As a pediatric oncologist, one of the questions I hear most often from parents is “Why did this happen to my child?” For the vast majority of childhood cancer diagnoses, we do not know the answer to this question. Both acute myeloid leukemia (AML) and myelodysplastic syndrome (MDS) may be presenting features of dyskeratosis congenita (DC), a telomere biology disorder characterized by very short telomeres. Although AML/MDS are part of the DC clinical spectrum, children diagnosed with AML and MDS are not routinely screened for cancer predisposition. The objective of this work was to determine if a proportion of pediatric AML/MDS patients have underlying defects in telomere maintenance. To answer this question, we sequenced telomerase genes in children diagnosed with AML/MDS, and assessed the rare variants we found for clinical association with DC-like features and functional impact on telomere maintenance.
Our laboratory at Baylor College of Medicine explores genetic and molecular factors underlying risk for childhood cancer and cancer therapy-related toxicities. This paper describes work conducted as part of my PhD thesis, during a time when I was transitioning from a junior faculty trainee in Dr. Alison Bertuch’s lab to an independent investigator. When we started this project, little was known about the relationship between telomerase variants and risk for childhood cancer, though there had been some provocative and highly relevant findings in adults with hematologic malignancies.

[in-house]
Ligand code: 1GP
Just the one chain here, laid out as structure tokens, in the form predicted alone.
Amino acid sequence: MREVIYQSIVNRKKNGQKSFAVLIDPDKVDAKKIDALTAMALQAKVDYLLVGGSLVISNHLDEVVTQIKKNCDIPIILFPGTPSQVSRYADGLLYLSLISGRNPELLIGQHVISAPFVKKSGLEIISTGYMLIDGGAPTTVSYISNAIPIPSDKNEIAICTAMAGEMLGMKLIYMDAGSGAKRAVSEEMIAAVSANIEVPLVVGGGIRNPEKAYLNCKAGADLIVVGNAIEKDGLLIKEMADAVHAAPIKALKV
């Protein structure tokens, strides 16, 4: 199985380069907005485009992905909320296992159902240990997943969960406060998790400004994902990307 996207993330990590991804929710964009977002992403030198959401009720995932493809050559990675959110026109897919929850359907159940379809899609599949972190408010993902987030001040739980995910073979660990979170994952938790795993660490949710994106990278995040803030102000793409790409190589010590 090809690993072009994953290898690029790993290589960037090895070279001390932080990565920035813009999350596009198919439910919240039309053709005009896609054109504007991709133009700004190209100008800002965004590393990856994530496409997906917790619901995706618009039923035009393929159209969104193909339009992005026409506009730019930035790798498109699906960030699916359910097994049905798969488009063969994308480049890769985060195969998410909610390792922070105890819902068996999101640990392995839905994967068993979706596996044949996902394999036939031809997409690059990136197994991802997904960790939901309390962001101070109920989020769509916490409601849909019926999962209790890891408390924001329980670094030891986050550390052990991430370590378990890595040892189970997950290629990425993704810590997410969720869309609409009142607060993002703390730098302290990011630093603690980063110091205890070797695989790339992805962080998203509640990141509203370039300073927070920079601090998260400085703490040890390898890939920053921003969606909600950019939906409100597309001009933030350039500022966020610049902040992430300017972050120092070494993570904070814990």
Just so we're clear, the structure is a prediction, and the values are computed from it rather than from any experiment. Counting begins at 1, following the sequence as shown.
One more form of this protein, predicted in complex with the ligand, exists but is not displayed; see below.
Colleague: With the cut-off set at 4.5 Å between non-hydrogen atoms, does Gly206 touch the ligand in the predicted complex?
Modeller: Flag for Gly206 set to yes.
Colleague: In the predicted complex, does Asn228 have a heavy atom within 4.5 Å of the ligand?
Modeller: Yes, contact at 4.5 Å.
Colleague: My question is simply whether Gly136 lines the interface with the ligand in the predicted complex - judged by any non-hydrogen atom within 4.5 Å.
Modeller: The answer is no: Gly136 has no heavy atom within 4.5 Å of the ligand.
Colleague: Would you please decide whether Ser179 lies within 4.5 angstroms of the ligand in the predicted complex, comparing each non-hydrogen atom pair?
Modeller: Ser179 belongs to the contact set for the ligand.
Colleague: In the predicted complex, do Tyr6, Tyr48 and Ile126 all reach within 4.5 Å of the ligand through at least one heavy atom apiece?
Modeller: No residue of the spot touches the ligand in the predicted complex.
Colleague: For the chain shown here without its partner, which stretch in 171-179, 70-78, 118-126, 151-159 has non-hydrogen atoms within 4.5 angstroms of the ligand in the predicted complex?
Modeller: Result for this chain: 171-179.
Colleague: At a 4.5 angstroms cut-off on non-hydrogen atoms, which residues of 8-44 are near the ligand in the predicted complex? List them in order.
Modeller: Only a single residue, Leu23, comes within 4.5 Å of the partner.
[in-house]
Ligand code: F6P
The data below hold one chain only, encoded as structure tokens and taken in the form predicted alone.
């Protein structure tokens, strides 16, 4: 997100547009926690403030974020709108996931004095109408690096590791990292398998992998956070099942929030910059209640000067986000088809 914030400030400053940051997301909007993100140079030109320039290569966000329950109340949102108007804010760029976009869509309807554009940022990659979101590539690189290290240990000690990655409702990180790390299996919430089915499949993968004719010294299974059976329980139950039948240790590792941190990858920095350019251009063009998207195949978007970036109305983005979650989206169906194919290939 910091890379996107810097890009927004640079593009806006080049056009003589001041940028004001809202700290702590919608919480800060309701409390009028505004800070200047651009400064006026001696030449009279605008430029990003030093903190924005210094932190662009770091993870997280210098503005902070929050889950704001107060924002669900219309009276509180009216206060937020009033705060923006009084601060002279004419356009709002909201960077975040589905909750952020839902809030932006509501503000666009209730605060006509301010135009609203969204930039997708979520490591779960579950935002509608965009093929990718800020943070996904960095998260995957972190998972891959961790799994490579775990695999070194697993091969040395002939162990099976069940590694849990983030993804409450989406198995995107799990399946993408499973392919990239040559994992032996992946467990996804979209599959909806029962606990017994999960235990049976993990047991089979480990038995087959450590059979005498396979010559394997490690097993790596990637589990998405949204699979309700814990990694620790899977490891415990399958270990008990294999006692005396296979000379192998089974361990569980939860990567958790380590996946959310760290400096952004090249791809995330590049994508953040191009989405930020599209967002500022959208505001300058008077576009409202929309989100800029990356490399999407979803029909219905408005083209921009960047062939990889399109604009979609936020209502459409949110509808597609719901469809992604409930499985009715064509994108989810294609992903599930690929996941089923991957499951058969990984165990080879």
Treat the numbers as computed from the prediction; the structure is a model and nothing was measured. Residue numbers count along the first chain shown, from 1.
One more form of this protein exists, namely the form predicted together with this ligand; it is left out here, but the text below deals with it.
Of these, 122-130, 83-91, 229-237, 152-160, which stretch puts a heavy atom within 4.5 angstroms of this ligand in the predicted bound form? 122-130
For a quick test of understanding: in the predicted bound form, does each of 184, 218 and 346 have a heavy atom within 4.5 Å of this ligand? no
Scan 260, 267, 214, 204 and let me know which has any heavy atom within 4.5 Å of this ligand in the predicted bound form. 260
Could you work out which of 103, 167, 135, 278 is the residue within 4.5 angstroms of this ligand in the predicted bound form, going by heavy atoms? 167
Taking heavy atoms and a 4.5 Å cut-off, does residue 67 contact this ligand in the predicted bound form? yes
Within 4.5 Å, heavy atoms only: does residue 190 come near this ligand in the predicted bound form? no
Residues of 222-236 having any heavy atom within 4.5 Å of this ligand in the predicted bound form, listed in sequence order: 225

The direct primer extension assay was a key experiment applied for this study. In this assay, the telomerase RNA component and telomerase reverse transcriptase protein are generated and immunopurified together as telomerase, and then incubated with the ingredients required for telomere extension. The resulting telomere extension products are purified and run on a large, sequencing-size polyacrylamide gel (Fig. 1) to separate the DNA fragments by size. The results are captured on a phosphorimager screen, permitting quantification of telomerase activity and processivity. Dr. Bertuch’s lab is an active participant in an enthusiastic and supportive international scientific community of investigators who engage in telomere and telomerase research. For the direct primer extension assay and related experiments outlined in this paper, we collaborated with Dr. Tracy Bryan at the Children’s Medical Research Institute in NSW, Australia. Dr. Chris Tomlinson, then a post-doctoral student in the Bryan lab, performed these experiments and his work provided substantial mechanistic insight to the variants we described.
Our paper supports rigorous functional testing of novel and rare variants found in association with a clinical phenotype. Follow up studies are under way to investigate the cases that had evidence of telomere shortening but normal telomerase activity and processivity, which may relate to the limitations of the in vitro assay. The takeaway message for the clinical oncologist is to obtain a complete family history in a child newly diagnosed with AML/MDS, in addition to doing a thorough physical exam with attention to mucocutaneous features before and during treatment. Genetic screening for underlying cancer predisposition should be considered if any red flags emerge at diagnosis, or if the patient experiences extreme chemotherapy-related toxicities during treatment.